Posts Tagged ‘Greek mosasaur’

Florida Sea Monster Controversy?

Crypto, Dinosaurs in Literature,, Science, Unexplained Artifact | Posted by Chris Parker
May 11 2009


Video by Shiv

From: Shiv: “I strongly suspect that a mosasaur was caught on video.

I also point out how Monsterquest and/or the camera man were misleading the audience away from the mosasaur moment.

This moment didn’t appear on the monsterquest episode. They only showed the parts which appeared to show manatees and some weird seal like animal with a trident tail. I show the mosasaur moment at about 3:07 on the video above.

—Monsterquest did not deal with this issue properly. There is more going on than they presented and/or the original camera man did not want too much to be revealed. None of the audio, video or pictures in this presentation are being used for profit.

My sincere thanks to brothers Bill and Bob Clark ( the men who filmed the San Francisco sea serpent), they are genuine truth seekers and have been of real help. “..Shiv

View on YouTube Site

Did Mosasaur Become Extinct 65 Million years Ago? Ancient Greek Vase Depiction?

Photo:Caeretan black-figure clay vase from Stavros S. Niarchos collection. John Boardman, Classical Art Pl. VII 71. Photo. S.Hertig; Zurich University Collection

What do we think?

Interesting. We can’t of course confirm your hypothesis but it does remind us that there is a convincing depiction of the mosasaur-or other supposedly extinct aquatic reptile, currently catalogued by science as pliosauria, mosasauria or possibly one of the metriorhynchids. The thing is, much of what we think these creatures look like today is due to the workof a few illustrators from partial fossils.

In science, when it comes to illustrating extinct fossils, the general rule seems to be follow the leader. The “monster” shown here battling Hercules on the ancient Greek vase is uncannily silmilar to the mosasaur. What are the odds that the Greeks could have invented in their minds a creature so similar to modern depictions of “extinct”, sea dragons”.?

A very real seal and a very real dolphin are included in the artistic piece which tends to ground it in reality (as to the fauna) as well as to provide a sense of scale.

Critics of the idea that this vase represents a mosasaur would argue that; -it went extinct 65 million years ago, and thus could not depict a mosasaur , that there is no fossil evidence for a central frill (as shown) and that this depiction shows a tailfin, while mosasaurs are thought to have a flattened tail without fins.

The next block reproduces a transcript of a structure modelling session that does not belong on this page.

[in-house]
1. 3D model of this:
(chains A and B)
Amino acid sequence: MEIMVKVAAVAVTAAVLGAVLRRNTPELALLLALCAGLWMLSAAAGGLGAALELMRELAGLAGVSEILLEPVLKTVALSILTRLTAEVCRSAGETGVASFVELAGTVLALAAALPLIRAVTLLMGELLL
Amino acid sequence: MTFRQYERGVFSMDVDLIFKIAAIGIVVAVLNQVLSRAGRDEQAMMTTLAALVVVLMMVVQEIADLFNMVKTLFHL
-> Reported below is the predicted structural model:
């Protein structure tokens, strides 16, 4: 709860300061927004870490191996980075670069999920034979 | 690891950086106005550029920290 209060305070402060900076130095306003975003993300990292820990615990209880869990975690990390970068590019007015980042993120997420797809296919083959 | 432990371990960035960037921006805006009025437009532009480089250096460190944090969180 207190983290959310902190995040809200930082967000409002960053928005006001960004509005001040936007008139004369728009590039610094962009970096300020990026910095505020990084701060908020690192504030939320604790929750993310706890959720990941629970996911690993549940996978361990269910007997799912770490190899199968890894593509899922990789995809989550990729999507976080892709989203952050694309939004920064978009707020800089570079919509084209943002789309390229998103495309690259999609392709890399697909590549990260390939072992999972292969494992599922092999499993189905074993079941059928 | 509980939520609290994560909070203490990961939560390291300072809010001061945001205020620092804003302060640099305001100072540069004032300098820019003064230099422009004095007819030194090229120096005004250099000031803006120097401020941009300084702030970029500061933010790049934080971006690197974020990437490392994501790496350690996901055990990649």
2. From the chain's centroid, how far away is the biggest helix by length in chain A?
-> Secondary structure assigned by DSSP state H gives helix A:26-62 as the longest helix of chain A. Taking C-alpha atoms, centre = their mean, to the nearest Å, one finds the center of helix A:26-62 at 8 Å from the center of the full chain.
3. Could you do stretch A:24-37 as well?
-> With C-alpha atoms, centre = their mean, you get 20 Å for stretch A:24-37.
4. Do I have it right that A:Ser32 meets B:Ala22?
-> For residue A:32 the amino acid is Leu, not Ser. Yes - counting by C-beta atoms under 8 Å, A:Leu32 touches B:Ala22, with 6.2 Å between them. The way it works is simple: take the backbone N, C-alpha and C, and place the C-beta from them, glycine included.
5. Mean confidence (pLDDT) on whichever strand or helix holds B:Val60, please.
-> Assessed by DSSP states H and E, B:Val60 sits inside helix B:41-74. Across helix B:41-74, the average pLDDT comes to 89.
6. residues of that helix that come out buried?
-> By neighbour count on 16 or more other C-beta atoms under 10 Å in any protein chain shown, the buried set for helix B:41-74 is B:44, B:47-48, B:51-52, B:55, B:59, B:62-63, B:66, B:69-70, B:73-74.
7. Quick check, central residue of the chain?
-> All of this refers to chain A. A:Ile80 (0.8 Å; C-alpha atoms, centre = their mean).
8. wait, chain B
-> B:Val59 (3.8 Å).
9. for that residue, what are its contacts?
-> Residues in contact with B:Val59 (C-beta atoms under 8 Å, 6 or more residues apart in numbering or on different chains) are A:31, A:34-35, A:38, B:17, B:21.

Those may or may not seem like quibbles when you consider how accurate this depiction is in most of its details. The lack of fossil evidence for the frill can be dismissed as these characteristics are often soft and the least likely to leave an impression. For example certain pterosaurs, originally drawn without a headcrest are now being drawn with one (pterodactylus for example) because a fossil was found providing faint outlines of the crest.

Additionally, certain (brave?) scientists have suggested that the masosaur did in fact have a hypocercal tail, with two asymmetrical caudal fins. (See Greek Vase Tail Depiction In this Post)

The Sternberg Museum held a symposium in 2007 and among their findings: “little work has hitherto been done on the different stages of mosasauroid tail fin evolution, and most studies inaccurately assume that they were all anguilliform swimmers powered by isocercal caudal flukes (i.e. single-lobed tail fins supported by a centrally located backbone), unsuitable for rapid, sustained cruising.

Nonetheless, recent investigations have demonstrated that at least the derived members of the Mosasauroidea were pisciform animals equipped with semilunate tails, making them similar in appearance to moderately derived ichthyosaurs (another group of extinct marine reptiles), sharks and whales….”

Darren Naish, of the Paleobiology Research Group, complained in a recent newsgroup post that , “Robert Bakker has been restoring his mosasaurs with well-developed tail fins and dorsal fins (!). I think this is pretty fanciful.”

Robert T. Bakker, Ph.D. is the Curator of Paleontology at Houston Museum of Natural Science. Of course, we don’t suggest that he would agree to an ID of mosasaur for the creature on the vase.

Those who would suggest that this cannot be a mosasaur because of the tail depiction should read the latest literature. Wouldn’t it be ironic that this depiction could be discredited as a mosasaur because it accurately depicted what it looked like?

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